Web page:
On May 16, Mr. Guo Shuqing, Chairman of the CSRC, delivered a speech at the 37th IOSCO Annual Conference on the Opening-up of China's Capital Market and RMB Convertibility. During his speech, Guo presented a comprehensive analysis on the approaches adopted in opening up China’s capital markets, the assessment of the extent to which the RMB capital accounts are currently convertible, the pros and cons as well as the general outlook of the aforementioned approaches.
Guo stated that,in the past over 30 years, China’s capital markets have embarked on a unique path in opening up. The main features of China’s approach include: making FDI on top of its agenda of opening up; attracting FDI to effectively aid the reconstruction and reform of state-owned enterprises; special regions such as Hong Kong SAR playing the double role of bridge and barrier for capital inflow and outflow; opening securities markets to overseas participants in a gradual and indirect manner, etc. In general, this path of opening up, which has remained in line with the development trend of global economy while taking into account the unique situations in China, has played a positive role in China’s effort in reform, opening up and modernization.
According to Guo, a number of thoughtful arrangements were adopted in furtherance of the opening up, including prioritizing “greenfield investments”, guiding the financial industry to serve the real economy, effectively establishing the “firewall” system, adopting a gradual approach by starting the opening up from foreign-related economic sectors. Benefiting the opening up of China’s capital markets, these arrangements have maintained the sound and steady development of China’s economy and finance in general. However, a number of drawbacks do exist, such as the imbalanced development of capital and financial market systems and the yet-to-be-improved market operation efficiency and the effectiveness of financial regulation. How to combine safety and convenience as well as stability and flexibility has become the major theoretical and practical issue faced by the reform and opening up of China’s capital markets.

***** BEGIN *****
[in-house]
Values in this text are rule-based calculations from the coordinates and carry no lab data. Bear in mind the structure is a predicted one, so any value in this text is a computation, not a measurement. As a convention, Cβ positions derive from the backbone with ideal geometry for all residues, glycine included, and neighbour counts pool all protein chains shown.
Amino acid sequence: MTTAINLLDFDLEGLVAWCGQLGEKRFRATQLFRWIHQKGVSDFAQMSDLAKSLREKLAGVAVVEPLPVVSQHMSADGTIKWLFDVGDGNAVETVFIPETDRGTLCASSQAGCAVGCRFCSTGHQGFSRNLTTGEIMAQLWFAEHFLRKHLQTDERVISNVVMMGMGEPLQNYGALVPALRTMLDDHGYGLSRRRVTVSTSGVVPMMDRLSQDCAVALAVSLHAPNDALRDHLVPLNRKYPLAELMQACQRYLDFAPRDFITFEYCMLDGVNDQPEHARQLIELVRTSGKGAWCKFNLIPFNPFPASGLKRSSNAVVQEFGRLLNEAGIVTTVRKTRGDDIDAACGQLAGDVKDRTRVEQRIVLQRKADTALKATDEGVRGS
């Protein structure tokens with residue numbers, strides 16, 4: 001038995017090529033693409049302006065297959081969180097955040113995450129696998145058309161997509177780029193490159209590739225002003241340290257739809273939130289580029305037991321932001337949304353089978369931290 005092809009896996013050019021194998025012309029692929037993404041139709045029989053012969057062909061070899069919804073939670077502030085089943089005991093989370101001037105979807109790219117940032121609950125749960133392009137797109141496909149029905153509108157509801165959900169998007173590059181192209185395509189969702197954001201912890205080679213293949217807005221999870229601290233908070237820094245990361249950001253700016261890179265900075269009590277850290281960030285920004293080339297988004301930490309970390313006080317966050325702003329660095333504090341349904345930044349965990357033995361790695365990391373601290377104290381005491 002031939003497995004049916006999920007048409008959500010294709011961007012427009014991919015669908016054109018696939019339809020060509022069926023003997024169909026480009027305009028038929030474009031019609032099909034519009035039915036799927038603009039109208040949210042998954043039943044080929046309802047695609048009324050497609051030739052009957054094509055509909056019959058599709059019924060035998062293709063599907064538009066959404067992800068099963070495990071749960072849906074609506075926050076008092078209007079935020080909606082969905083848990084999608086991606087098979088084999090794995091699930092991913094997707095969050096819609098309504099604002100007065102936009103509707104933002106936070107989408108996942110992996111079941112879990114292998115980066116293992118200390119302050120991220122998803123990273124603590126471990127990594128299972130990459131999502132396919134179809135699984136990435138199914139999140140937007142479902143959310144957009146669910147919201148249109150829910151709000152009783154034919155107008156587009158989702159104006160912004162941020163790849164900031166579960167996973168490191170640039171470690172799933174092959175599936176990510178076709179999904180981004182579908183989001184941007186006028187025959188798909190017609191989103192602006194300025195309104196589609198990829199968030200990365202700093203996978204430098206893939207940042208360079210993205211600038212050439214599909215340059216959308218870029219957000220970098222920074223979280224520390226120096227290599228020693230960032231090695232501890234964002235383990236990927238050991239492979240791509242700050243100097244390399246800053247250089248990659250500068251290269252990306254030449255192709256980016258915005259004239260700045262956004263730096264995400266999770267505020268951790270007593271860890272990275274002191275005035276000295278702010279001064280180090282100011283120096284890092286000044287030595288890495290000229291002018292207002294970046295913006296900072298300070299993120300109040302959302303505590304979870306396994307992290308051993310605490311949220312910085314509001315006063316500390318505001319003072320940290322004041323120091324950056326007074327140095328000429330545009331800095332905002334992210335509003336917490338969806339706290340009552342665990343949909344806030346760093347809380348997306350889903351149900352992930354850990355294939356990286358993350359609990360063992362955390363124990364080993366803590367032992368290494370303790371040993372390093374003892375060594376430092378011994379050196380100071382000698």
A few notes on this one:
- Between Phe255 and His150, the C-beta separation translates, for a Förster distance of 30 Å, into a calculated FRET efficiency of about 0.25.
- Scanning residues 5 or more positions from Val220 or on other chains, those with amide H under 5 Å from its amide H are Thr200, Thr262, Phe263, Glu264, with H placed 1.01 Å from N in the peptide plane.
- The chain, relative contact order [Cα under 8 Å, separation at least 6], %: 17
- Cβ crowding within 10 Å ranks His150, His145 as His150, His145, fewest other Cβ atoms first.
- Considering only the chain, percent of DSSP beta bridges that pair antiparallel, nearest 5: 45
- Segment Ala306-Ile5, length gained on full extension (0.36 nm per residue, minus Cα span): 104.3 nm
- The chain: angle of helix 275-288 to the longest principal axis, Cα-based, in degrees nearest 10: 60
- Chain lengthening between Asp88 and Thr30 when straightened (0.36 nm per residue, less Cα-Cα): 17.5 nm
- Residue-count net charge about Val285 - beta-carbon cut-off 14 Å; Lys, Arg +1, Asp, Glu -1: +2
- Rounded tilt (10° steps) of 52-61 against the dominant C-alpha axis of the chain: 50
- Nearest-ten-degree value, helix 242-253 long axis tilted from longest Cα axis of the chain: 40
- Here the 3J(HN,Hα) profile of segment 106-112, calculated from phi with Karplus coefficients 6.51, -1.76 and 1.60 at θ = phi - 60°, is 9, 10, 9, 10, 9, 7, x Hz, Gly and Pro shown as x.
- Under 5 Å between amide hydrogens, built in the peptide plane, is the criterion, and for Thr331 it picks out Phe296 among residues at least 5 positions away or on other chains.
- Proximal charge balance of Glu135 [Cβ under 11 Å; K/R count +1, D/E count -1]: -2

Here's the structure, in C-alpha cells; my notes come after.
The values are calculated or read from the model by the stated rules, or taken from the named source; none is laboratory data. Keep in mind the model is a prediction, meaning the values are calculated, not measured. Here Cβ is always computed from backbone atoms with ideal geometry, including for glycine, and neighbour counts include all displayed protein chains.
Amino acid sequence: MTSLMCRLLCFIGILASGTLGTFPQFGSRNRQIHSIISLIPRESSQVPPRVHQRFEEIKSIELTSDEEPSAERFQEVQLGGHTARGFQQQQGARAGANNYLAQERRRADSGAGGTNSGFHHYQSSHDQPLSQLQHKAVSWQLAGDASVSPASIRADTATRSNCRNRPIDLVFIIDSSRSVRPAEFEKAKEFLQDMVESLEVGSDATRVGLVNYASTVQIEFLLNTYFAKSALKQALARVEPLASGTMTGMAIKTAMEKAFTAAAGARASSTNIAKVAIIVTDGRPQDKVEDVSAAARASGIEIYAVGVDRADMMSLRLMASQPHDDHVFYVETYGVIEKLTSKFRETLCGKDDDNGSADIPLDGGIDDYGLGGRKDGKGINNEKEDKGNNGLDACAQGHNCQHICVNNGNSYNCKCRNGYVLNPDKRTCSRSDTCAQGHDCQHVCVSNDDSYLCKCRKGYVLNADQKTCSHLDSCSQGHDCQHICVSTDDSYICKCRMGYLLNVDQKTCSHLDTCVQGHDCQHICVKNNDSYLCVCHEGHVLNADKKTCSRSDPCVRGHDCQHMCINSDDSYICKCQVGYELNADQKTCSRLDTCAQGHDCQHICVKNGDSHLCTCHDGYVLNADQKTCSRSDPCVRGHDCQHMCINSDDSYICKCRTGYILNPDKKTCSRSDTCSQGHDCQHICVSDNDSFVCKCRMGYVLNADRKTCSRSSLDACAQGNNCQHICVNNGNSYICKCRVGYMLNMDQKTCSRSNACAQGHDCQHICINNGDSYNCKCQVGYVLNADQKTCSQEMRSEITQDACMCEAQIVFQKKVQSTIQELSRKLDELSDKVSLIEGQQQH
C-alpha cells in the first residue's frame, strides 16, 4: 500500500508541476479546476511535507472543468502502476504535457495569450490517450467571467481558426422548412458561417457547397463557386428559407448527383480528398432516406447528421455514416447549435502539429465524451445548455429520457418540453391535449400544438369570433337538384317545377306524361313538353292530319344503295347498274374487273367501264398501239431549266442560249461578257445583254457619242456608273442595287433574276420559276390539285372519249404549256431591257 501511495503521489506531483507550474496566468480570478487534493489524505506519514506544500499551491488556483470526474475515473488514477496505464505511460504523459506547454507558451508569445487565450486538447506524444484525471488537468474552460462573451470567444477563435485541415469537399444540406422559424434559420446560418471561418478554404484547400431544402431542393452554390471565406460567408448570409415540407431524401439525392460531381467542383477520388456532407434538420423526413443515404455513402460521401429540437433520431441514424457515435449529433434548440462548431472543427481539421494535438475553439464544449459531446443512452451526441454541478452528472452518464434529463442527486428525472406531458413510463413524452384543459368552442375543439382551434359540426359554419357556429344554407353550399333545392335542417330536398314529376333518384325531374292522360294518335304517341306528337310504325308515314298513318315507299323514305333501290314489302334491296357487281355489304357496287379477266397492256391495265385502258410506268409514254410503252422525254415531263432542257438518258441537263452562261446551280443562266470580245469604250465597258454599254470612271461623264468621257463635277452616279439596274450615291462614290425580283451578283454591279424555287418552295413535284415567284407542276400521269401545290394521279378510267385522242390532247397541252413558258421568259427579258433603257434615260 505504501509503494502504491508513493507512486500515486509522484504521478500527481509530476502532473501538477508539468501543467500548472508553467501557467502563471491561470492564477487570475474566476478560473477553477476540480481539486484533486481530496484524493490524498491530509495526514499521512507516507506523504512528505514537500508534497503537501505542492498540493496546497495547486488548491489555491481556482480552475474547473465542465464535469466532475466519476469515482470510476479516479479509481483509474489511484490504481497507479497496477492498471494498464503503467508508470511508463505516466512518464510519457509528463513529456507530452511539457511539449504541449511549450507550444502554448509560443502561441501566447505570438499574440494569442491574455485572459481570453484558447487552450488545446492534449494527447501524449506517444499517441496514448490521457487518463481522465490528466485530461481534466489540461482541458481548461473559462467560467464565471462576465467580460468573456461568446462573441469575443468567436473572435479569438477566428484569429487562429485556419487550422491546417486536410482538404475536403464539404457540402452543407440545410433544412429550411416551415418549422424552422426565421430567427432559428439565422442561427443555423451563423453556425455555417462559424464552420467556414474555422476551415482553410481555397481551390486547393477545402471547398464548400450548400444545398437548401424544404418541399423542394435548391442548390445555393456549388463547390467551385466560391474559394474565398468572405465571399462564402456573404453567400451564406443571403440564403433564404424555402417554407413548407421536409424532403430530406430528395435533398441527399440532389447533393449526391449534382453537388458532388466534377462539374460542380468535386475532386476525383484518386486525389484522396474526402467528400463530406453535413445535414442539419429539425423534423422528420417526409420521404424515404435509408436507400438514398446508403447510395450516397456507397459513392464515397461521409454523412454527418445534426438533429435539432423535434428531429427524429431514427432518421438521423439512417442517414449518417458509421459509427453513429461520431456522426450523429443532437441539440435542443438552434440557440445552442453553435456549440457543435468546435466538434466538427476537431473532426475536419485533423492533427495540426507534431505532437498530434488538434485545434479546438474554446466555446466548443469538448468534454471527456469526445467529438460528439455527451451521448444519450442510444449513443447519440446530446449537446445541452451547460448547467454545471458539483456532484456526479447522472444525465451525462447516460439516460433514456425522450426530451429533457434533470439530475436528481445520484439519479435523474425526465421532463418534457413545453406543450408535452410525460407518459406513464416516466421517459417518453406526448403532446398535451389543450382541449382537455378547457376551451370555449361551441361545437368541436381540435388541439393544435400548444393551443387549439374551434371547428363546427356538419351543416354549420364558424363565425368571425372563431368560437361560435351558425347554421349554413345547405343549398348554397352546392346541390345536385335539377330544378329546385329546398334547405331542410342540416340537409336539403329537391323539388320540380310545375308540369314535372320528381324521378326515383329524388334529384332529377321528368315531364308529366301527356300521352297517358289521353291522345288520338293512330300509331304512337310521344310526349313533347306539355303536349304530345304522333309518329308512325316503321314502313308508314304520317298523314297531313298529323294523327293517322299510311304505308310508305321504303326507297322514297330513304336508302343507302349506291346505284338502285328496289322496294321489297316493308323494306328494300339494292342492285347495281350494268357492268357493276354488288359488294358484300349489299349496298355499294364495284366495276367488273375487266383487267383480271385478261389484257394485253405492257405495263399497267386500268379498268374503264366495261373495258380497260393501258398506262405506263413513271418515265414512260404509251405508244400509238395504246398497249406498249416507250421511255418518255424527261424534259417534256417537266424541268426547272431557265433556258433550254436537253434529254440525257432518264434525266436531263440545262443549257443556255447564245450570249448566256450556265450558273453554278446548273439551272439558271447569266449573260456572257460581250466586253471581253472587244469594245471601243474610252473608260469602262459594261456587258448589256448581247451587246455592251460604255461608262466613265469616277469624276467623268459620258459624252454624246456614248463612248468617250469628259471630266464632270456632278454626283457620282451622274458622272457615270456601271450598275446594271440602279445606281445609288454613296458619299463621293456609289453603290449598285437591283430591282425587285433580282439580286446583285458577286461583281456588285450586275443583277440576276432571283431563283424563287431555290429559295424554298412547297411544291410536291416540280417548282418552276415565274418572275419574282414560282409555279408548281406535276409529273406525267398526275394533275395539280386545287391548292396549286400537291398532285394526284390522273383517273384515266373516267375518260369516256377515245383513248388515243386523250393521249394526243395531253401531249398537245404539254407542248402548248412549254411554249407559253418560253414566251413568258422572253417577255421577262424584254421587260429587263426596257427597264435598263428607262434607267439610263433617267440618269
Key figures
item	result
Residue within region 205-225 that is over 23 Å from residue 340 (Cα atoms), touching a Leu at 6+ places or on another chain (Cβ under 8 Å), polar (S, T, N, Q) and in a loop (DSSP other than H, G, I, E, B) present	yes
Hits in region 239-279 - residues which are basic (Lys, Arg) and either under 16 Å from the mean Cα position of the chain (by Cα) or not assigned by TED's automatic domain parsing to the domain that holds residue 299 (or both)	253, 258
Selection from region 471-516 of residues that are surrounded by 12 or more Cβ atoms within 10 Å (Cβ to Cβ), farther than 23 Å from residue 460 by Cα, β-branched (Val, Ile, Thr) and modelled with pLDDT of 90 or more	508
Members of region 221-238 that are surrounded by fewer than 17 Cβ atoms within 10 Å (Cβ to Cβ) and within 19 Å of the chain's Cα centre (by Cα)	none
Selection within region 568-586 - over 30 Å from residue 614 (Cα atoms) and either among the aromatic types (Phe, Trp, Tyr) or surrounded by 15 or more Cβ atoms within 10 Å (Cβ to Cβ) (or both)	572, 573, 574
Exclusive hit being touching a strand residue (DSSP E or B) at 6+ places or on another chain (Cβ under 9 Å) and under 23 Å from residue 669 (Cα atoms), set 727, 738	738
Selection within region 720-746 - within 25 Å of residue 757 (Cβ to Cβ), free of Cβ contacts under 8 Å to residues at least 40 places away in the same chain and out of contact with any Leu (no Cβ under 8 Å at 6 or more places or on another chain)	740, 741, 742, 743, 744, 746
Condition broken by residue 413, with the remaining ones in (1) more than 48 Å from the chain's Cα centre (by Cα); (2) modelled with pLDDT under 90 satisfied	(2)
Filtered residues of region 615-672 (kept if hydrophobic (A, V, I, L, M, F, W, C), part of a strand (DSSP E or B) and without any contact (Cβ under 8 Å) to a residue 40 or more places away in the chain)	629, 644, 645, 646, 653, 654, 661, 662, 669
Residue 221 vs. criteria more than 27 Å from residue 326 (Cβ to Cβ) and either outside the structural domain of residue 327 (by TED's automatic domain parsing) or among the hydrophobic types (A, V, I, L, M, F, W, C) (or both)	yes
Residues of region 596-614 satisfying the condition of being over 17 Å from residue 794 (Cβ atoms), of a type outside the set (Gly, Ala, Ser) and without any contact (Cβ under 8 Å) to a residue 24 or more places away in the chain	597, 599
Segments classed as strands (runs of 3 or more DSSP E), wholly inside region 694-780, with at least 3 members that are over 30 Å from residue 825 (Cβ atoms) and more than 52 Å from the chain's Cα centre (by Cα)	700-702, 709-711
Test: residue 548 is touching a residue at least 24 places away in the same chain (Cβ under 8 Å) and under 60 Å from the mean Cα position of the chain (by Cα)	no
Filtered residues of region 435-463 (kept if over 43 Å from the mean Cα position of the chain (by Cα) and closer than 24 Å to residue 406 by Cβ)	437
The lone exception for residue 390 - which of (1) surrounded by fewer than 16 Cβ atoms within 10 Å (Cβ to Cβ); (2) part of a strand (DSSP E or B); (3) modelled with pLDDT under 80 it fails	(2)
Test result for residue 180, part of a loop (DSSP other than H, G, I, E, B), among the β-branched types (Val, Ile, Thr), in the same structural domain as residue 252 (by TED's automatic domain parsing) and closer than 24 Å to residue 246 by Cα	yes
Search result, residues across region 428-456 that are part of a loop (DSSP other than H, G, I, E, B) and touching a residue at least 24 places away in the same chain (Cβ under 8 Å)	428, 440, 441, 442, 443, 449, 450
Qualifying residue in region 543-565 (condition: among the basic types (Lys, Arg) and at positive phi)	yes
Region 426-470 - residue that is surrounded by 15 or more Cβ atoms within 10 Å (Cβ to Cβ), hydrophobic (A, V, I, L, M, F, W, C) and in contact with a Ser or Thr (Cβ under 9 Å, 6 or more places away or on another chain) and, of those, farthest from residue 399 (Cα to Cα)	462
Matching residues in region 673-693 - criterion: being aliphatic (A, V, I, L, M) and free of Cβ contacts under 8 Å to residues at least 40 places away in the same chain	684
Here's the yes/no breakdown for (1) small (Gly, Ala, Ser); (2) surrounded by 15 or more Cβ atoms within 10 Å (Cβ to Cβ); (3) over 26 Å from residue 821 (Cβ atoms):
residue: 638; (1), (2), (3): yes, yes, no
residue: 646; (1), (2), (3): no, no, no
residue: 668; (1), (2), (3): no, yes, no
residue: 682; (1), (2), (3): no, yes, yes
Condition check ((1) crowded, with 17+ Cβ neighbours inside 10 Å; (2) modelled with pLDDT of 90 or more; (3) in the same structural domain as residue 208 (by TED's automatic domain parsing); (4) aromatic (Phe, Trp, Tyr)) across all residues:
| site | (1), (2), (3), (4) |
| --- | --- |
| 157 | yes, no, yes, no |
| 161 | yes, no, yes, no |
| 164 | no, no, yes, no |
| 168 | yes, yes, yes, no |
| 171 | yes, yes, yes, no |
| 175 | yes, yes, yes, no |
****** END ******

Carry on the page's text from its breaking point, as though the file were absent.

As Guo pointed out, over the years, China has made substantial achievements in capital markets and currency convertibility. According to the preliminary assessment of the current practices with regard to China’s capital accounts, 16 sub-items under the capital accounts are fully convertible, 17 are basically convertible and 7 are partially convertible. With no completely inconvertible items, China’s capital accounts enjoy a significantly higher level of openness than that as indicated by the IMF evaluation.
Guo emphasized that there is no absolute and one-size-fits-all standard for capital accounts convertibility. Therefore, countries with different development levels must take their respective path of opening up and particular circumstances into consideration. He pointed out that the concept of “fully free convertibility” does not exist in reality and should be considered in a prudent manner. In any country, capital account convertibility does not translate into total abandonment of regulation and control. Especially when its national economic and financial sectors are faced with massive cross-border capital flows and are suffering bad international balance of payment, temporary regulation and control are warranted. In the post-crisis context, most of the countries have reached consensus on this point. The restructuring of international financial system should follow this fundamental principle and rectify the old concept that regulation or control was to be avoided.
Promoting RMB capital account convertibility, said Guo, is essential in China’s economic development method transformation and industrial structure upgrade. Taking advantage of the various favorable conditions that are available now, RMB capital account convertibility should be driven forward in a proactive yet steady manner in accordance with the guideline of “accurate positioning, balancing pros and cons, controlling risks, focusing on major substantive tasks”. These efforts will facilitate China’s economy to develop in synergy with the world economy on a more sophisticated level. Guo also specified the two points of focus at present: firstly, formally authorizing the RMB conversion with foreign currencies so that relevant transactions shall be conducted openly by sorting out related regulatory legal instruments; secondly, clarify to the international community the differentiated applicability of related principles, specify the unique ties between mainland China and Hong Kong SAR, Macau SAR and Taiwan, carry out assessment of China’s capital accounts item by item, so as to reach new consensus with the international community. The initiative of rendering RMB fully convertible will not only benefit China’s economic and social development but also make considerable contribution to reconstructing the international financial system and improving the global economic order.